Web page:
Monday, September 06, 2021

Yes, This Is Shaun Ryder’s ‘Sgt. Pepper’

“Did you get on that mumbo jumbo? / Yeah / I’ve got seventy-five percent jellyfish textses / Are you on that for real? / Are you having that? / Hahaha”.

Yes, Shaun Ryder, I am on that. Straight back at it with ‘Mumbo Jumbo’, an addictive funk bass groove and minimalist electric guitar lick that reaches as high as the Happy Mondays and Black Grape days.

Part paranoid, part esoteric freestyle prose poetry in-joke, we are back in his world and it feels good.

This is a strong opener to an addictive album: Ryder’s latest, ‘Visits From Future Technology’.


Next, ‘Close The Dam’ tightens the groove into a laid-back disco drum machine backbeat, and muted guitar riff. “They cut the drugs with something nasty”. Yes, he’s still talking about drugs. Are you on that?

Track three is ‘Popstar’s Daughters’, taking a bittersweet view of the mature musical phenomenon’s family life with lines like, “Daddy’s gonna send a car / Daddy’s gonna pay the bill”. Between the gentle long-in-the-tooth jibes, the narrator notes that his kids, “Didn’t arrive in the world with a set of instructions” unlike other children might do. 

The next track, ‘Monster’, casts its thematic net wider still. Screeching in with a crackly distorted wail, it slips into a light acoustic ska shuffle supported by a rumbling reggae bass line. The surprising harmonic descent to the chorus, punctuated by a synth brass stab, could have come out of the R.E.M. electronic album ‘Up’ – or maybe it’s the obliquely disjointed lyric and monster imagery reminding me of Stipe et al.?

“Monster is happy today”. 

Are we talking about a moody and difficult-to-live-with character, or are we talking about addiction? Or both? Or neither? Shaun has called the whole album “nonsense”, but it feels like very on-the-nose nonsense. Even Covid seems to make an appearance: “Monster is lock-down safe”.


‘Honey Put The Kettle On’ is a loose rock and roll groove, expanding the musical vocabulary of the album even more. Ryder has also referred to the album as  “my Sgt. Pepper”, in a statement provided by an NME article from Charlotte Krol, and it certainly has the variety and humour to live up to that name. And the drugs – at least in terms of imagery - even if he, in fact, wrote the whole thing while more sober, certainly align with this. Then onto the casually misogynistic ‘Crazy Bitches’ – hang on, is he singing in French now? We are stuck in a strange garden party where someone seems to have got the arsehole.


‘Straighten Me Up’ intensifies the rock and roll aesthetic with a grungy blues riff that would turn Chris Rea’s head, fused with a shuffling disco beat that Barry Gibb has been ringing around to try and get it safely returned to 1977. Now back to a brooding minimal ska groove with ‘I Can Stop Anytime’, supported by backing singers doing some tight, “Ah-oh ah-oh-wa-oh[s]” as he dances between addiction and sobriety; “It’s not a big deal / It’s not a problem / There’s only one thing on my mind / I can stop anytime”.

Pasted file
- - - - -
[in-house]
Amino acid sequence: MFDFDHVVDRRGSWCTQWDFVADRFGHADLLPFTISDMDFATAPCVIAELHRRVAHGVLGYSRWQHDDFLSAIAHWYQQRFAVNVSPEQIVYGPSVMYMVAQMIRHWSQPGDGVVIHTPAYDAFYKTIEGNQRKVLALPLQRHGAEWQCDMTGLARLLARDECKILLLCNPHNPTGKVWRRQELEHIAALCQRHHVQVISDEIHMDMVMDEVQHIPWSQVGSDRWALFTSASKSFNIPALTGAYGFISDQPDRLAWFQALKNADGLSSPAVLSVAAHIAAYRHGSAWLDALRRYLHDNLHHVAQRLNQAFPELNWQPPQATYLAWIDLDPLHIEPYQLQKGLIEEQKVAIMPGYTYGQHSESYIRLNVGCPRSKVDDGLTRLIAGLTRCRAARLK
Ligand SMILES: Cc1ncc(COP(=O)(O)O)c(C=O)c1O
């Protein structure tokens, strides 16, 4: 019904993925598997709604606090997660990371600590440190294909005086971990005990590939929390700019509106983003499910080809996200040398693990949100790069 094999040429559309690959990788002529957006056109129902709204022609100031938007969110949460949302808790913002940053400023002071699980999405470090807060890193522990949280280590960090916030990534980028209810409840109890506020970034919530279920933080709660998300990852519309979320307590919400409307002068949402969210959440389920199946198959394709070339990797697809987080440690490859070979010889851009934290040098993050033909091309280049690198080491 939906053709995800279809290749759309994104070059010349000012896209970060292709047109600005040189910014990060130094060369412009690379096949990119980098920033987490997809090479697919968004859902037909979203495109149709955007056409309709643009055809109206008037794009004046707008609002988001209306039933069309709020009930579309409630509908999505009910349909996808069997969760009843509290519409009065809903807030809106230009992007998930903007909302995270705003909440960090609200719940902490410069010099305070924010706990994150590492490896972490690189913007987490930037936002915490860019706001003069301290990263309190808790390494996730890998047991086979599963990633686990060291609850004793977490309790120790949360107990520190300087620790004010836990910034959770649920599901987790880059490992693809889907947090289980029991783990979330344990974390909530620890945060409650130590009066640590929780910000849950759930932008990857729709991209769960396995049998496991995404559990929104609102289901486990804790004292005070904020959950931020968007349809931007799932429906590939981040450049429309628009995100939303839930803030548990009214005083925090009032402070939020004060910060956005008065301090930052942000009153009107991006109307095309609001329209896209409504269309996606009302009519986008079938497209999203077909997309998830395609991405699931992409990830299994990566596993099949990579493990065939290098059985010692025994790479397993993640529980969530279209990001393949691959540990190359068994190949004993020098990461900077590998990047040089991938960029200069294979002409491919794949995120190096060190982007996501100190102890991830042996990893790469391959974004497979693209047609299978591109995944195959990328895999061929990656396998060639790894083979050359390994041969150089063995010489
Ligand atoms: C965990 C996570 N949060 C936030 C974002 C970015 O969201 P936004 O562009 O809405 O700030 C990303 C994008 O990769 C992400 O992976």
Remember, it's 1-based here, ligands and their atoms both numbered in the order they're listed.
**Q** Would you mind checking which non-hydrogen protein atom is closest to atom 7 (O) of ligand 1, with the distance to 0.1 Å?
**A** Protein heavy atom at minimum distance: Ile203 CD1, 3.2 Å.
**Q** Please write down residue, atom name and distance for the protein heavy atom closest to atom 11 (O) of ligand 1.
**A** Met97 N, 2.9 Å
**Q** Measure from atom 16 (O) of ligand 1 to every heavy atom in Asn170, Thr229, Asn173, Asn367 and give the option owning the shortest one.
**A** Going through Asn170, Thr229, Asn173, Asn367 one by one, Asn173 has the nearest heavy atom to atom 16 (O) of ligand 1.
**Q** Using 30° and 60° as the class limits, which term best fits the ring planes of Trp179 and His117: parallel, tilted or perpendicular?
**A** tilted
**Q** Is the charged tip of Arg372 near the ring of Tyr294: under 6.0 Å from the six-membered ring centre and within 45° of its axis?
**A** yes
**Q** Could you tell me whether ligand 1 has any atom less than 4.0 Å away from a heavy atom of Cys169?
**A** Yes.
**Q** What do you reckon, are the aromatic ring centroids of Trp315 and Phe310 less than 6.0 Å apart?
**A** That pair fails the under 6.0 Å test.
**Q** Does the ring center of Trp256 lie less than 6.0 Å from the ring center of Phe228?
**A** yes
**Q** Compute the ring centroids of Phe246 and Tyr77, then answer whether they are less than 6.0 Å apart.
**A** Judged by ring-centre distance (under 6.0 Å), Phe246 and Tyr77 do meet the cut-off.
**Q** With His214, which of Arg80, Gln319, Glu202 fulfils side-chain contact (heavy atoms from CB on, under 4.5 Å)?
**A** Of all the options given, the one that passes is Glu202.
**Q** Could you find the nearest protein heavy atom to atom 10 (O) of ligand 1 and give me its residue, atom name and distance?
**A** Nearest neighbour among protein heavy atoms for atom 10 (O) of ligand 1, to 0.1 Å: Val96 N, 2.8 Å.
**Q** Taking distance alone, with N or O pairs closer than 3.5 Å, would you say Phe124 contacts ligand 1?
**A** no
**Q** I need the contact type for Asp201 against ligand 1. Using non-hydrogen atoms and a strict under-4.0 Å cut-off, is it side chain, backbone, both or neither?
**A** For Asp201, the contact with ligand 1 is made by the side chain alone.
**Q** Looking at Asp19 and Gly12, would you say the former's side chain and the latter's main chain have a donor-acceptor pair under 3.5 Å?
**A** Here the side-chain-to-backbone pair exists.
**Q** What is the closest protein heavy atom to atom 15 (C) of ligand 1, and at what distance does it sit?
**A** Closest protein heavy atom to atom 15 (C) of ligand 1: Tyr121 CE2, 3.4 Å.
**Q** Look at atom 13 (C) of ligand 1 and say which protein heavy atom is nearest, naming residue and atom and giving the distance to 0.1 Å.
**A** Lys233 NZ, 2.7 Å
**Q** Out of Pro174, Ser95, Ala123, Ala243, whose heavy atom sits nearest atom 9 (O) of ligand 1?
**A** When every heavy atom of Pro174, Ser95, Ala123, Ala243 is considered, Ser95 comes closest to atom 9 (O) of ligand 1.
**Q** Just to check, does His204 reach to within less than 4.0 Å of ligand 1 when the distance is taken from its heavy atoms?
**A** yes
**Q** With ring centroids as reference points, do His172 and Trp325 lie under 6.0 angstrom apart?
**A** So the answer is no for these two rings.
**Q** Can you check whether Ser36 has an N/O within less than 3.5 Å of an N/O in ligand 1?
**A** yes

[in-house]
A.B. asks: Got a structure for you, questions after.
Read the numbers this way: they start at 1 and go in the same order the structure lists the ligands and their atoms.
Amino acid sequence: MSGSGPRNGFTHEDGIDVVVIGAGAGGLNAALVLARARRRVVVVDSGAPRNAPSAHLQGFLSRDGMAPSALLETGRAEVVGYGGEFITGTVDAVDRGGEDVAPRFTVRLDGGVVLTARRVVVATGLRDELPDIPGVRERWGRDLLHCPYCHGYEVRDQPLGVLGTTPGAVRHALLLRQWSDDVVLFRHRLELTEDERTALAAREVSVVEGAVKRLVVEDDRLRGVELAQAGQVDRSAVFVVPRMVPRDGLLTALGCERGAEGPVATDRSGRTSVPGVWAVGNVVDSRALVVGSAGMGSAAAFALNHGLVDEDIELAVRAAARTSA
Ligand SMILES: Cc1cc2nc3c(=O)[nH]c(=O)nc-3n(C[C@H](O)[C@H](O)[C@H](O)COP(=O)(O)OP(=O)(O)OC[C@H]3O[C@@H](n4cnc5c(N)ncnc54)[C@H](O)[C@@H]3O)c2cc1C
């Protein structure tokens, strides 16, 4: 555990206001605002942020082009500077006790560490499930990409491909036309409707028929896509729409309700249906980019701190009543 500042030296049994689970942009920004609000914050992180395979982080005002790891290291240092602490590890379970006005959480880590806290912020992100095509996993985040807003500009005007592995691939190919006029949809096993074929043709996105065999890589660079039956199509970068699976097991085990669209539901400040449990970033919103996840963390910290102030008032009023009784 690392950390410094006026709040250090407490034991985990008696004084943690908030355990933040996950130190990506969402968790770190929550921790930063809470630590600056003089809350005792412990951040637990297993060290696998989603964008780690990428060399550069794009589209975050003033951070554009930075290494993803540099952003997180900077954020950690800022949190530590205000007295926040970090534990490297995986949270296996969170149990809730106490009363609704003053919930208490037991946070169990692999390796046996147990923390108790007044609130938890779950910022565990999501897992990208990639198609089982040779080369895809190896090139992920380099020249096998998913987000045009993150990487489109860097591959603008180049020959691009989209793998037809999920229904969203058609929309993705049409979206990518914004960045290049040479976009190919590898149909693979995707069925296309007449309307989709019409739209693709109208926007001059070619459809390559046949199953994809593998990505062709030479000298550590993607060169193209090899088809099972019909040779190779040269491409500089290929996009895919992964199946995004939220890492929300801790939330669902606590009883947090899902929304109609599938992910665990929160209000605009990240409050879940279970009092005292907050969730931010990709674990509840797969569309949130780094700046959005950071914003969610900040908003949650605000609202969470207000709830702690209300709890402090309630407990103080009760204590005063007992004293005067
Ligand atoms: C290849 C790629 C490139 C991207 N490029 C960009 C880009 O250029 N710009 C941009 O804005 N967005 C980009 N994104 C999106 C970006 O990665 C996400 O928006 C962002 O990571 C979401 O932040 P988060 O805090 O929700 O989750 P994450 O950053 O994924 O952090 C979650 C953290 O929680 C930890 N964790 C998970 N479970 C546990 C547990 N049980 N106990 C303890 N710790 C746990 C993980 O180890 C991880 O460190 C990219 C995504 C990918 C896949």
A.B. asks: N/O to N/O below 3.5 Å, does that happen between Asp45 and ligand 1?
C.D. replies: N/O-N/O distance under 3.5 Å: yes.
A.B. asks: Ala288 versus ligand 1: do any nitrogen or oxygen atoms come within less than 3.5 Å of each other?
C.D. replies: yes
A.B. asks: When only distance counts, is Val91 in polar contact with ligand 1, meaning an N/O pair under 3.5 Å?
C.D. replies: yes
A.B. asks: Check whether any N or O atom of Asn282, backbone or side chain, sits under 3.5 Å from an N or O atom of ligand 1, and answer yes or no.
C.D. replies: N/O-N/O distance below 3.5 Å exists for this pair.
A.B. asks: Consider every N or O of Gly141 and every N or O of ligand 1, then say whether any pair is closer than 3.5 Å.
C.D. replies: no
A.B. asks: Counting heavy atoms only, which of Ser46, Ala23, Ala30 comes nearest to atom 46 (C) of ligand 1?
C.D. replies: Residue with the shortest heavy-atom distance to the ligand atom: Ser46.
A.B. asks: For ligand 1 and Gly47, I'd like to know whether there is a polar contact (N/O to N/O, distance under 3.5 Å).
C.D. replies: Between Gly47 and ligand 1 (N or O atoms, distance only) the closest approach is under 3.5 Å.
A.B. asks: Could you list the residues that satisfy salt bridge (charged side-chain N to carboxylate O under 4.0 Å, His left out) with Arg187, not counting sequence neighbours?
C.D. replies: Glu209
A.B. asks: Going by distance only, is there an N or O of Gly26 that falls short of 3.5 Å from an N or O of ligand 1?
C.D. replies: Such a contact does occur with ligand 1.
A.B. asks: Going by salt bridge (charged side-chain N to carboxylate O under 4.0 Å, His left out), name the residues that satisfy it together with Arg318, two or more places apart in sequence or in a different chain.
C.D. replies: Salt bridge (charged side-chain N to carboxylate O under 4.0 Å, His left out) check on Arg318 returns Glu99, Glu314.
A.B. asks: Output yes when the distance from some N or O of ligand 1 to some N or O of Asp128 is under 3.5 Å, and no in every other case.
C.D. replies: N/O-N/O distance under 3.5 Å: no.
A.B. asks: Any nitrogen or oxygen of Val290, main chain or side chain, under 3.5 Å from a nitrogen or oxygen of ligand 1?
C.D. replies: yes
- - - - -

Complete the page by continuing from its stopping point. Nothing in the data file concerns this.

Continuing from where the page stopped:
‘Electric Scales’ opens with a riff that sounds like someone put Coldplay in a toaster and then threw them in a bath, right before the bath walked away to a driving beat and grungy bassline that calls to mind a less corporate, mirror-universe version of the Gorillaz. That’s how I would describe it. That is the sound of this song. Until the chorus, whose lyrics Noel Gallagher would be extremely proud of: “Everyone I know’s on some kinda pill / And all my friends are mentally ill”.


Suddenly, we’re deep into Beach Boys territory, both in terms of backing vocals, inscrutable lyrics, and production values. Tambourine! Clippety-clop stamp and clap percussion. But no cowbell. ‘Turn Off The Air’ could be a lost track from the ‘Smile’ sessions. Not the Katy Perry ones. Obviously. The other ones.


The final track, ‘Clubbing Rabbits’, comes in like a muted gangsta rap song. Did I skip to a different album by mistake? When Shaun starts singing, we know it’s definitely a Shaun Ryder song after all. And the whole album is definitely a Shaun Ryder album. The whole thing is stamped with his humour and swagger, his infectious musical and lyrical creativity, and his unmistakable, mad-for-it Madchester voice.


John Weston
Image: Shaun Ryder ‘Visits From Future Technology’ Official Album Cover

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